The crowds were absolutely amazing all round the course as thousands lined the route and created a huge wall of noise from both sides. At times I wanted to block out the noise and the few tunnels and underpasses on the course gave some relief. Then I heard individual voices-‘You rock!’, ‘Go purple lady!’, ‘Don’t stop!’ ‘You can do this!’- and regained some strength after a volunteer handed me a gel.

I finished the race in 3:13:40, to rousing clapping from the wheelies who had already finished, something which was better than any prize I’ve ever received.

Silverstone Half Marathon

The first wheelchair race of the season, preparation for one of the bigger goal of 2013, the London Marathon, came after a winter of hail, snow, freezing temperatures and ice and yet more snow. My long training runs outside in thin lycra trousers, thick ski socks and three thermal layers on top plus snood under my helmet, were over, as I aimed to qualify for the Marathon with the help of Rick Hoskins, a wheelchair racing coach at Stockport Harriers.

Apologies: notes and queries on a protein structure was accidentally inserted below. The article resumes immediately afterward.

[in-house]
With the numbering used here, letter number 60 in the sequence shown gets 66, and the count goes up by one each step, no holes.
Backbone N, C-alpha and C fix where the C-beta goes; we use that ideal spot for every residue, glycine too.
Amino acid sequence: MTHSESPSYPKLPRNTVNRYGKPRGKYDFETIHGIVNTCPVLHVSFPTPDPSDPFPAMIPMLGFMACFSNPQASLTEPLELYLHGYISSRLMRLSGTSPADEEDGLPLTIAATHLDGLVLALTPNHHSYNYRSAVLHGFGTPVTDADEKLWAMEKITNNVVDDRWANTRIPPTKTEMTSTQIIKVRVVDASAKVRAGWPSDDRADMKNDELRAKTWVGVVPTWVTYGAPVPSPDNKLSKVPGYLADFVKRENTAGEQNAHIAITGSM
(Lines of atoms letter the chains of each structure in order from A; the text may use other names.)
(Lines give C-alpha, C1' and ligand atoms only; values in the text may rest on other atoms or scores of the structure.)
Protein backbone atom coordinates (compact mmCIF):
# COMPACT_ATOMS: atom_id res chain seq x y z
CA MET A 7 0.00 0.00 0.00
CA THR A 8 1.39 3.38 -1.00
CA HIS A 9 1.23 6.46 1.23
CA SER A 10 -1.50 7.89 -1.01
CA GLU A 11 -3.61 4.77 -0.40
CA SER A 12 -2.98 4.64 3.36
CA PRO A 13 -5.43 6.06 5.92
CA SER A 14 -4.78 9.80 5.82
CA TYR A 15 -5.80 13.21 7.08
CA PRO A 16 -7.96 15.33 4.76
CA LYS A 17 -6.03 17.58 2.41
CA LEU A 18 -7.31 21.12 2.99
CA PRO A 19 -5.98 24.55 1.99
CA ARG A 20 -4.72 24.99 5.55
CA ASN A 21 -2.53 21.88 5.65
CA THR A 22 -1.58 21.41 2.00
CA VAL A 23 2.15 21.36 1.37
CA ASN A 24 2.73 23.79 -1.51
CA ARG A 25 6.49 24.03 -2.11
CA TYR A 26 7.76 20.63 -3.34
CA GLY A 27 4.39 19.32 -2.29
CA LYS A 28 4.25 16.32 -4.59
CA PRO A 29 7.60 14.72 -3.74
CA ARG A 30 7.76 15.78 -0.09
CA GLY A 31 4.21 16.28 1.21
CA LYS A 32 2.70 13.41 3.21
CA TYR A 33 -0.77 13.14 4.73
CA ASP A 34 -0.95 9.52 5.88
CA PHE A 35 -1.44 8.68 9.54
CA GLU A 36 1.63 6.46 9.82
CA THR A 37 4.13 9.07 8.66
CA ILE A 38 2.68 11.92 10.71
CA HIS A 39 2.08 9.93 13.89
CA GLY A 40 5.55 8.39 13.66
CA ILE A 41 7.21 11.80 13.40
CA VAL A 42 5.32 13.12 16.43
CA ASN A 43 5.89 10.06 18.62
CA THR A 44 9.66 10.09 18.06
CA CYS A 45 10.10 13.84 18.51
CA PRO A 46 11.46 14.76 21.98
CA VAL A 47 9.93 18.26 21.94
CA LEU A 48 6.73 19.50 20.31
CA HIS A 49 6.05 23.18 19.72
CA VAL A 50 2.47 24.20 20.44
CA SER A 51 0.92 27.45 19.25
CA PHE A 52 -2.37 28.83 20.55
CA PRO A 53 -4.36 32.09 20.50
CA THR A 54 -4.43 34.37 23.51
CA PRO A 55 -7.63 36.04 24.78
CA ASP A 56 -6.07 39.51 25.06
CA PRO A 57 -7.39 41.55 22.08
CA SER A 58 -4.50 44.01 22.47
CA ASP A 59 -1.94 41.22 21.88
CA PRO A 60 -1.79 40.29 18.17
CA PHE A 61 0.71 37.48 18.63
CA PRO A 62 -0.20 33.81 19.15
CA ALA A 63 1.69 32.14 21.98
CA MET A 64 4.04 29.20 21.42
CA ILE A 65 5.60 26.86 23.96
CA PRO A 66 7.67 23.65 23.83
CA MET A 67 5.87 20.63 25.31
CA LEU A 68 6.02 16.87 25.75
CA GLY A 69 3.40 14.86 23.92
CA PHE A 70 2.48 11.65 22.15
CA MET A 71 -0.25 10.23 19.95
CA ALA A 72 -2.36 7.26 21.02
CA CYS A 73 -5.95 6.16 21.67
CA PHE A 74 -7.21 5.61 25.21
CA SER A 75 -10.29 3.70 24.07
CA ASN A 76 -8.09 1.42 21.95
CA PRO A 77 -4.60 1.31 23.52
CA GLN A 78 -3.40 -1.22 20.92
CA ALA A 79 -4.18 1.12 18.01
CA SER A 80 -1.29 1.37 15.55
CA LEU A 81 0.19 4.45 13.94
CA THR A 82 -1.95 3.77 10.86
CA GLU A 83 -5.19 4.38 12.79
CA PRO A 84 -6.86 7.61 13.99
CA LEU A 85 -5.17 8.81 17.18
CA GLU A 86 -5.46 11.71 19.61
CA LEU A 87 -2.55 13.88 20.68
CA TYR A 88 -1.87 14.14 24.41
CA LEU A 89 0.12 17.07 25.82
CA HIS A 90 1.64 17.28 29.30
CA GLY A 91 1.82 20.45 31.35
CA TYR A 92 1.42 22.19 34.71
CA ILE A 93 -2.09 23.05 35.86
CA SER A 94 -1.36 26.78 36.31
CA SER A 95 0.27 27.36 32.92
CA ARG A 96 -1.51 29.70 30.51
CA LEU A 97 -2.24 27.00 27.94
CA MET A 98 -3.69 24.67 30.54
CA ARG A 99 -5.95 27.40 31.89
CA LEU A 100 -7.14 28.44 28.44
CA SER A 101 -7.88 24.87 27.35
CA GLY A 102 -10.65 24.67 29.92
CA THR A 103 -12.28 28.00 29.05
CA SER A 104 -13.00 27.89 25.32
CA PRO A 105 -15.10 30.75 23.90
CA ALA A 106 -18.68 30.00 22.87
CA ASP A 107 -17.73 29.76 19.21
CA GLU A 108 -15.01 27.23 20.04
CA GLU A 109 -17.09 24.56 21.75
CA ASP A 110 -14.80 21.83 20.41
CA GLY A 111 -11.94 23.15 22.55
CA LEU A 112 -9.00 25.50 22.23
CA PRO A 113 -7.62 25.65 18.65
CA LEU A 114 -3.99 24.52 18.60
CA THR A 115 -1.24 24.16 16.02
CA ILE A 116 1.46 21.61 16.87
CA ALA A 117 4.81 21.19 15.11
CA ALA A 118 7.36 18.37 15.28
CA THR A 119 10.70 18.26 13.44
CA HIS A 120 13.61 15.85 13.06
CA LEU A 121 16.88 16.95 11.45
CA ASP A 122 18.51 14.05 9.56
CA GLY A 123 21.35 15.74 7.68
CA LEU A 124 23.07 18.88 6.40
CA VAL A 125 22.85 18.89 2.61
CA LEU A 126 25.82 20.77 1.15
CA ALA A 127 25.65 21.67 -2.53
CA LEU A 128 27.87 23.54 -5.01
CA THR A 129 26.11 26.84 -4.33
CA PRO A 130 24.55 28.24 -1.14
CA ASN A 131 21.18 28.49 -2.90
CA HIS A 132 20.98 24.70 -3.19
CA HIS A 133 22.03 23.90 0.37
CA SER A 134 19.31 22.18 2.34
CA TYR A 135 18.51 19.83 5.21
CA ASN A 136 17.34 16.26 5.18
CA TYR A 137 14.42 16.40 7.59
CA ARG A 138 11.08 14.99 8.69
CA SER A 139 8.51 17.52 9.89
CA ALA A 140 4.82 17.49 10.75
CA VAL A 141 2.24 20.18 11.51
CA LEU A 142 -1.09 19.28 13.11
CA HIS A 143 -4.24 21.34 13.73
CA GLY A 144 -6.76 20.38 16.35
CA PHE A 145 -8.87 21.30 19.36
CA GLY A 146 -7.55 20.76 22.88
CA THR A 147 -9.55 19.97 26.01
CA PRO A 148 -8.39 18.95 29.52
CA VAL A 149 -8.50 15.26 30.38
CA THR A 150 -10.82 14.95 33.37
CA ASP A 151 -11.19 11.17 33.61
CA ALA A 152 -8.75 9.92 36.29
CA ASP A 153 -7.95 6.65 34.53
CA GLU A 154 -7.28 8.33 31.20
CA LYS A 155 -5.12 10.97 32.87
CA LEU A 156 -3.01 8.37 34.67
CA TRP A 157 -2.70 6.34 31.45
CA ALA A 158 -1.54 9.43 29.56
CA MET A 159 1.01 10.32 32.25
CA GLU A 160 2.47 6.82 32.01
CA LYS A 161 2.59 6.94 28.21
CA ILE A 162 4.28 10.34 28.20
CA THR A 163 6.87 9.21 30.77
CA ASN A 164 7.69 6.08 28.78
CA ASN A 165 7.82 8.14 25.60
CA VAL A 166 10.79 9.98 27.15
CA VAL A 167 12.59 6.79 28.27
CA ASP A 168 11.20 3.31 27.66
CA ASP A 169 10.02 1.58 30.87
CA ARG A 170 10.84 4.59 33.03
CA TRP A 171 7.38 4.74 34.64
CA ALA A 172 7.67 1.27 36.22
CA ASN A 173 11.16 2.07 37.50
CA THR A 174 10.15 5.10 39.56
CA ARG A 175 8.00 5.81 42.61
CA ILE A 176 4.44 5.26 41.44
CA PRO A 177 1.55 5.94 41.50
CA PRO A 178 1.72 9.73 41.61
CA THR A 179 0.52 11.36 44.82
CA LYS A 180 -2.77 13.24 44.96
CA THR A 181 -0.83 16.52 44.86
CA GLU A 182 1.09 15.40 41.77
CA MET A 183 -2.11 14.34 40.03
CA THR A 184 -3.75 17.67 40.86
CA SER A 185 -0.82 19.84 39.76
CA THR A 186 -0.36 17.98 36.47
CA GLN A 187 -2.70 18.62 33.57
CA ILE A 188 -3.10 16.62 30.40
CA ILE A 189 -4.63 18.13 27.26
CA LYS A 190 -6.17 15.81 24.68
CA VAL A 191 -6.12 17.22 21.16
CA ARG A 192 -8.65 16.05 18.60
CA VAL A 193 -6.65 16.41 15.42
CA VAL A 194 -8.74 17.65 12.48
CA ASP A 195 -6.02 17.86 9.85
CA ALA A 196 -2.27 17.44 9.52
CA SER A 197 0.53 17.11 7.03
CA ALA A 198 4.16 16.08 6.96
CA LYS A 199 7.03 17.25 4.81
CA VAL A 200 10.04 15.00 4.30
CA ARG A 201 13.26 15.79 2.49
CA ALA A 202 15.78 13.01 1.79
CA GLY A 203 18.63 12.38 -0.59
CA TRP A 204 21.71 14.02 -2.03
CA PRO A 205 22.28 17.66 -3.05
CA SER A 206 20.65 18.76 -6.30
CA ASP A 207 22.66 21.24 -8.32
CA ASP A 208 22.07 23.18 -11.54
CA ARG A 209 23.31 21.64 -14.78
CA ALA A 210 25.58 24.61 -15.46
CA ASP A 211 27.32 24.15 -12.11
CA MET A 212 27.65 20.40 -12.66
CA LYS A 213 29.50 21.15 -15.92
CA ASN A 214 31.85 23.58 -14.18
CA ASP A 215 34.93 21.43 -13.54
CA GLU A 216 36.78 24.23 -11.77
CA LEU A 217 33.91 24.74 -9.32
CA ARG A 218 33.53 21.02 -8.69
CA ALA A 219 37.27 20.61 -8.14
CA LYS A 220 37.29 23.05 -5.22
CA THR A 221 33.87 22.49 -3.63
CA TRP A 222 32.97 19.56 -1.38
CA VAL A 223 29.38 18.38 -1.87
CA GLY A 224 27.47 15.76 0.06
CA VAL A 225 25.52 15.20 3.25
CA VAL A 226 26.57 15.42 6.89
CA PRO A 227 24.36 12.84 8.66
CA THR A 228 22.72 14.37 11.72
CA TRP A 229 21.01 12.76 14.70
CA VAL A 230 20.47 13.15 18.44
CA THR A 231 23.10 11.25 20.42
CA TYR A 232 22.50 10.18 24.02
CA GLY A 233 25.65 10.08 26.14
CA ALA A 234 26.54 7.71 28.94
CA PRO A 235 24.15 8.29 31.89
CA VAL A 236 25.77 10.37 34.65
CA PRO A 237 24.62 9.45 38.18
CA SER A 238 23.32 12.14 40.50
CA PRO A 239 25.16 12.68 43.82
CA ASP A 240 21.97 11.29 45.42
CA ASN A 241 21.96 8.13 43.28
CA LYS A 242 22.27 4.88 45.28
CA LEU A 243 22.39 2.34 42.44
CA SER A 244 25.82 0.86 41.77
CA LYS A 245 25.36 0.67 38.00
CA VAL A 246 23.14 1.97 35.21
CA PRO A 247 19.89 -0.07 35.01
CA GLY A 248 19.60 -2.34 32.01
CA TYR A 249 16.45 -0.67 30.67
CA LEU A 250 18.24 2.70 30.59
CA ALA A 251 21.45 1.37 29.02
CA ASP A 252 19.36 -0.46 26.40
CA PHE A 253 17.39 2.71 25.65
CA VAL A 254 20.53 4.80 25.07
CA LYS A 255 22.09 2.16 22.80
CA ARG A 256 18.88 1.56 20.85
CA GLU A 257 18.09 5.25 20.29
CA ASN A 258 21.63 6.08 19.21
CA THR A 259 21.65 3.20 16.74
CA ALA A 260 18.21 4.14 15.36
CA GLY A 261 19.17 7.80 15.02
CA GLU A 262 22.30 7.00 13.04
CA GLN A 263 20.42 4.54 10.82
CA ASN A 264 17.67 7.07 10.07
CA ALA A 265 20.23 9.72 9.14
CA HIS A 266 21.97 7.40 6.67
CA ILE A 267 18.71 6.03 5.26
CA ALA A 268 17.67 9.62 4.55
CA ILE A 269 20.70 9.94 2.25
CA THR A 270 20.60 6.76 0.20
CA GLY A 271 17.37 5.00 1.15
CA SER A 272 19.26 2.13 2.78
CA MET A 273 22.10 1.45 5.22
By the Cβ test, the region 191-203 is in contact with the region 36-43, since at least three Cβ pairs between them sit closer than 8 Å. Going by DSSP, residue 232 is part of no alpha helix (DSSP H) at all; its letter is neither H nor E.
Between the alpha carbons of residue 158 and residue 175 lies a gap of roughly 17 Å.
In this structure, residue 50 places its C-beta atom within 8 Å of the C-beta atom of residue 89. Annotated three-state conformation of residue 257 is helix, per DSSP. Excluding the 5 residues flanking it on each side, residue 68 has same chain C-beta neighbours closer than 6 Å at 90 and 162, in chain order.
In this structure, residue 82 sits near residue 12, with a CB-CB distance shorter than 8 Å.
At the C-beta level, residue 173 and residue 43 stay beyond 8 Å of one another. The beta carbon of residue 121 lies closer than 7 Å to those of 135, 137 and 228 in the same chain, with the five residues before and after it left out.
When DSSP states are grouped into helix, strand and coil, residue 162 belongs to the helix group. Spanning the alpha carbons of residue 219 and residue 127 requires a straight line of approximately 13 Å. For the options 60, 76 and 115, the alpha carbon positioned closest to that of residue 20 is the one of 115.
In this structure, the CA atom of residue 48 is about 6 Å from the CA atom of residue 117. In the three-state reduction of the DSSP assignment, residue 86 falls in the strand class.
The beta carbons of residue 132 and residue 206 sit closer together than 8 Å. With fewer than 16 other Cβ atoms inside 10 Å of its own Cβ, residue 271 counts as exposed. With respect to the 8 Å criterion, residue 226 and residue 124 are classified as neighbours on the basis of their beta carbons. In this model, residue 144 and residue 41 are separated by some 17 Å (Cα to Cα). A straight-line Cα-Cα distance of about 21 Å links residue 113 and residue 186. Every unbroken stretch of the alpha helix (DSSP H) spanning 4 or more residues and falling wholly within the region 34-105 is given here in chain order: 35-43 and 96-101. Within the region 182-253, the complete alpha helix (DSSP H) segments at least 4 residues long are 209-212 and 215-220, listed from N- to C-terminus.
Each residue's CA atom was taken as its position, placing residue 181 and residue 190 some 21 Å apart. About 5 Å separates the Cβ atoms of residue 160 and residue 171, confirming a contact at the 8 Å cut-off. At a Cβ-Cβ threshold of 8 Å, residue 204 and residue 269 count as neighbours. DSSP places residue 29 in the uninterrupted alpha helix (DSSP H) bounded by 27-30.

Mid run Silverstone

The course at Silverstone is convoluted and challenging for wheelies and doubly so when Able Bodied runners (‘AB’s’) do their little dance as shown in the photo above in response to shouts of ‘Wheelchair! On your right!’ (Sorry number 2367!) when approached from behind.

Racing wheelchairs are silent machines, dependent entirely on the occupants upper body strength to strike the push rims attached to each back wheel and propel the user forwards. Stopping or slowing down means losing speed and having to overcome inertia again. There is only one brake attached to the 20″ front wheel, ineffective at high speed as it locks and skids and burns a hole in the expensive tub tyre. Another option is to use the gloved hands to scrub speed off directly on the back wheels, but replacements are £120 a pair…

Despite the dancing, I managed second place, with a time of 92:55, and was asked by Michelle Weltman if I wanted to do the London Marathon in March.